If you’re using seedlings, leave at least 6 inches of space between each one to give the plants room to spread out. Plant them in your chosen container, and give them a fresh dose of water immediately after planting. Then, follow normal care for bok choy.

Cuttings

Your last option is to grow them from cuttings. To start, you’ll need an existing piece of bok choy, either from the store or another plant. Then, you’ll place your cutting into water until it begins to grow roots. At that point, you can move it to a normal container with soil.

We have a whole guide on growing bok choy from cuttings, so if you’re interested in that route check it out for a more in-depth look.

Lighting

Though it can tolerate some shade, bok choy grows best in full sun. Placing them near a south-facing window is best to ensure they get a minimum of 6 hours of direct sunlight each day. During the hottest time of the day, you can add some sheer curtains to reduce the harshness of the rays, though this is likely only required during the highest summer temperatures.

If you’re having trouble hitting that amount, or growing in the low-light winter, try supplementing with a grow light. This is an easy way to add some extra light to your garden.

Water/Feeding

Bok choy doesn’t like to be dry but also hates overly damp conditions. It’s best to keep the soil moist but not wet for this leafy veggie to thrive. You may need to increase how often you water it during the hot summer months but don’t overdo it, or your plants will suffer. When watering, it’s best to avoid the leaves, keeping the moisture at the base of the plant instead.

When watering, check that the top inch or so of the soil is dry. This is generally the best time to water as the soil is starting to dry out, but isn’t completely so. Water until you see it begin to leak from the drainage holes of your container.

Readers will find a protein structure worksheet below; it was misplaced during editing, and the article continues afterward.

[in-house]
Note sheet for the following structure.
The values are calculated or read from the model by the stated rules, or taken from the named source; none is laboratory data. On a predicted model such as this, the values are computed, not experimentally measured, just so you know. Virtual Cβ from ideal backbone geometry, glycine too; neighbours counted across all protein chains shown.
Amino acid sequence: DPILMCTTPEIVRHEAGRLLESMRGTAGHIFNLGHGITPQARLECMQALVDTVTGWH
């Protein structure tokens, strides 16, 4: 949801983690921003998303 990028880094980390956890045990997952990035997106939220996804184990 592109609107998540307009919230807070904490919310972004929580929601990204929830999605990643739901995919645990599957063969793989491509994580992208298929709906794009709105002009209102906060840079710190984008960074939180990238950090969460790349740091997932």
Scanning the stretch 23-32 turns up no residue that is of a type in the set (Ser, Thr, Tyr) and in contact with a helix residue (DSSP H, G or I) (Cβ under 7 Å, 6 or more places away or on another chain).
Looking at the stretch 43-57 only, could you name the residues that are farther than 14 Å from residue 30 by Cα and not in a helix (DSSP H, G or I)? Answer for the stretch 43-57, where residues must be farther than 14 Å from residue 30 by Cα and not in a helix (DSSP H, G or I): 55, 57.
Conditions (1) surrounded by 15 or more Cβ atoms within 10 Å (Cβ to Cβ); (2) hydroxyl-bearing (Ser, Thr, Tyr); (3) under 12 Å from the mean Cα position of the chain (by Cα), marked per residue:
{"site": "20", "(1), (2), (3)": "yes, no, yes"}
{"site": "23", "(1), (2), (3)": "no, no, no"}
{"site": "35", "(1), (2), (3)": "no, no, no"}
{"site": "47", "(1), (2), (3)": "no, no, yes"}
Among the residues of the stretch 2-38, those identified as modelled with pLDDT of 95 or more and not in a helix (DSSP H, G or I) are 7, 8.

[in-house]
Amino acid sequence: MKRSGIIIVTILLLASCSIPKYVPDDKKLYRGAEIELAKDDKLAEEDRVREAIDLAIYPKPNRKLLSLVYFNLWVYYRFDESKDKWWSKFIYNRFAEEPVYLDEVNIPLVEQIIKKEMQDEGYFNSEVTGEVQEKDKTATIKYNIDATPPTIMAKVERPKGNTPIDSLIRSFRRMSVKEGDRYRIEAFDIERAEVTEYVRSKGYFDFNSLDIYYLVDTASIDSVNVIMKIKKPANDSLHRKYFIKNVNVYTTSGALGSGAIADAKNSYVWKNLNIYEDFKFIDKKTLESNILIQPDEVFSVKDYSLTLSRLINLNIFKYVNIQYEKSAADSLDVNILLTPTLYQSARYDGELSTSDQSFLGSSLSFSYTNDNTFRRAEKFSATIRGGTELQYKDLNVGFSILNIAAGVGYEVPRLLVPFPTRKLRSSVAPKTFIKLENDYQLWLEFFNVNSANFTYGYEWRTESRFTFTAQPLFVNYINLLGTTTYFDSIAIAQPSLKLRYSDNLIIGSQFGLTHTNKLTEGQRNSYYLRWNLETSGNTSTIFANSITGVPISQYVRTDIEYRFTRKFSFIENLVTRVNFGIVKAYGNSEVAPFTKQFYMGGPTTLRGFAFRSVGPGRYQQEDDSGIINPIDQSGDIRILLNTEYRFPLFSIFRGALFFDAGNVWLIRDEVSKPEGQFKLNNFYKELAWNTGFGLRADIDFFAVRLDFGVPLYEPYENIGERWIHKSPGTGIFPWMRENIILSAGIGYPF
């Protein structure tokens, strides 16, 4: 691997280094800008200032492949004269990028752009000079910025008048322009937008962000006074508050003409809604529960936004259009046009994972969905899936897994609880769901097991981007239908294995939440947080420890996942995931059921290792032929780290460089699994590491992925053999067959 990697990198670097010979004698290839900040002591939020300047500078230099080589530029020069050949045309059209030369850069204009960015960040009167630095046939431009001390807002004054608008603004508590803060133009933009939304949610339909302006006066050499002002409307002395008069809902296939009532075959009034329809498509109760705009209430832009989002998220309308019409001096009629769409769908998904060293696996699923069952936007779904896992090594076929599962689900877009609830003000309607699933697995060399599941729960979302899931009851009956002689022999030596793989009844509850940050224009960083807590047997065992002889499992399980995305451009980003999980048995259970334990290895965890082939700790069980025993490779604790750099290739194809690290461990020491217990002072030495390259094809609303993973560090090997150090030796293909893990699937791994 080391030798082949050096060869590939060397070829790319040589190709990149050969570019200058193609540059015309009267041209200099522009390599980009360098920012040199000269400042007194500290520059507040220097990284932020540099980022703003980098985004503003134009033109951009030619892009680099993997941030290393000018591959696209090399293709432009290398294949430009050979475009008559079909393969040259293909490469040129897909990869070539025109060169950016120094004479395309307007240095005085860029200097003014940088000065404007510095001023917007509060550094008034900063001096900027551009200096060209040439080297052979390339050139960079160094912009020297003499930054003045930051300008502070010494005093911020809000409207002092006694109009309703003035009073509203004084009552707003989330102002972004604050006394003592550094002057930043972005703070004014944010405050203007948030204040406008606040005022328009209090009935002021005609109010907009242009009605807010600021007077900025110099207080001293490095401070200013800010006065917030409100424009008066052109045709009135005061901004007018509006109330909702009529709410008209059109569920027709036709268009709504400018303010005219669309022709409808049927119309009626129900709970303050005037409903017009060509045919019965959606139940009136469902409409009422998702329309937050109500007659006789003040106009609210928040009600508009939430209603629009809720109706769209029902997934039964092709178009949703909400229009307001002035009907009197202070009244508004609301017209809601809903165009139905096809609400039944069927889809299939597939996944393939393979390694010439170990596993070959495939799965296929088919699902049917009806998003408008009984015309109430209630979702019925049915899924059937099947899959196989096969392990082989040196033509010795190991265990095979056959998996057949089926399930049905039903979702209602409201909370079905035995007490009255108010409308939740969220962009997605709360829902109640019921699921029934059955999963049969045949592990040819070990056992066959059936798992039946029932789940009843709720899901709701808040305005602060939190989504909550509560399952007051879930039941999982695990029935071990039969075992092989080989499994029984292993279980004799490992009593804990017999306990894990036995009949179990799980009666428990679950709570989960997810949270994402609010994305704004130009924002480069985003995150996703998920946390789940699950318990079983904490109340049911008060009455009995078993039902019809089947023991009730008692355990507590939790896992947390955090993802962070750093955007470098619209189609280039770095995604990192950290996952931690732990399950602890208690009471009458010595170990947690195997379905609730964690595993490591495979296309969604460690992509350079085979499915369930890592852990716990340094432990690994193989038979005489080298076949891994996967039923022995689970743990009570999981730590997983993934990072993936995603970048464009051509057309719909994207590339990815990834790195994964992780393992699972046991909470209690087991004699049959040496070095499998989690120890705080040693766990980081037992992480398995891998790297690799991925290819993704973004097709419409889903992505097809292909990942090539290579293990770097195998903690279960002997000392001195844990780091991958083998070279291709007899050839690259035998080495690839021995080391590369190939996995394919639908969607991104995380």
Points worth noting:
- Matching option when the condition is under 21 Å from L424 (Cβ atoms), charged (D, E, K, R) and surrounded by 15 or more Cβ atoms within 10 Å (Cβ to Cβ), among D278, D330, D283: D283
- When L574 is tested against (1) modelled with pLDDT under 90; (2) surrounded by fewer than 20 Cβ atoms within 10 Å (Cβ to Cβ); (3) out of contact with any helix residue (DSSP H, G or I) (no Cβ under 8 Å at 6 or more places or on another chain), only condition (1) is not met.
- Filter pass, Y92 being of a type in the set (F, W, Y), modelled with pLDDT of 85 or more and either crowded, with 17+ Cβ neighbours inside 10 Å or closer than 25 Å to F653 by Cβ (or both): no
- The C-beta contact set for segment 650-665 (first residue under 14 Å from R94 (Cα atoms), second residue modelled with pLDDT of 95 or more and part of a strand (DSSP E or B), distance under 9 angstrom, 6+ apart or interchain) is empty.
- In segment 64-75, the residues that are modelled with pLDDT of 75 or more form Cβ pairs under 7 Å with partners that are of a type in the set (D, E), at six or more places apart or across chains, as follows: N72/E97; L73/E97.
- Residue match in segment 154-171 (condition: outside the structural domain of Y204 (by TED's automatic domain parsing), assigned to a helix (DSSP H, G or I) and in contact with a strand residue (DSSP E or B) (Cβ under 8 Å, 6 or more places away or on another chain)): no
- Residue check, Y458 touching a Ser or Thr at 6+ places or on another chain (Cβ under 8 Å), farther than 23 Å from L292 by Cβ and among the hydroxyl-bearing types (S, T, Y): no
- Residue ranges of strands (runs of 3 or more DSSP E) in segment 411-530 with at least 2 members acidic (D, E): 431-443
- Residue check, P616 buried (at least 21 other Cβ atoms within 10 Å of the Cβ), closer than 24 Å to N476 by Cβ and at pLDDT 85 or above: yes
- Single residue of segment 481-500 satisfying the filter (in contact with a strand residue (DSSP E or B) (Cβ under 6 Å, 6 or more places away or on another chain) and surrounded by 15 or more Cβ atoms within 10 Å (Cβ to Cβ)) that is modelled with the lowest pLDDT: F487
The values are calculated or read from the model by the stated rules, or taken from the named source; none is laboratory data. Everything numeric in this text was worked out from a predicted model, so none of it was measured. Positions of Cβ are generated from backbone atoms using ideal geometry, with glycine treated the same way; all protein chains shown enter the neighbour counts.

As for fertilizer, the best time for it is during planting to ensure these heavy feeders have the proper nutrients right from the start. You can use an organic, balanced fertilizer and a bit of compost when preparing the container before planting the seeds. The plants shouldn’t need anything more throughout their growing season.

Temperature/Humidity

Bok choy prefers cooler temperatures, which is why it thrives when grown outdoors in the spring and fall. Too much heat can cause bolting, though frost will also be harmful to the plant. Of course, neither of these should cause an issue when growing bok choy indoors. Keep the temperature between 60 and 70 degrees Fahrenheit for lush, healthy plants.

Bok choy also doesn’t like overly dry conditions, though your home’s normal humidity level should be fine for this plant to thrive. It gets its moisture from the soil and doesn’t like wet leaves, so as long as you keep that soil damp, your plants should be just fine.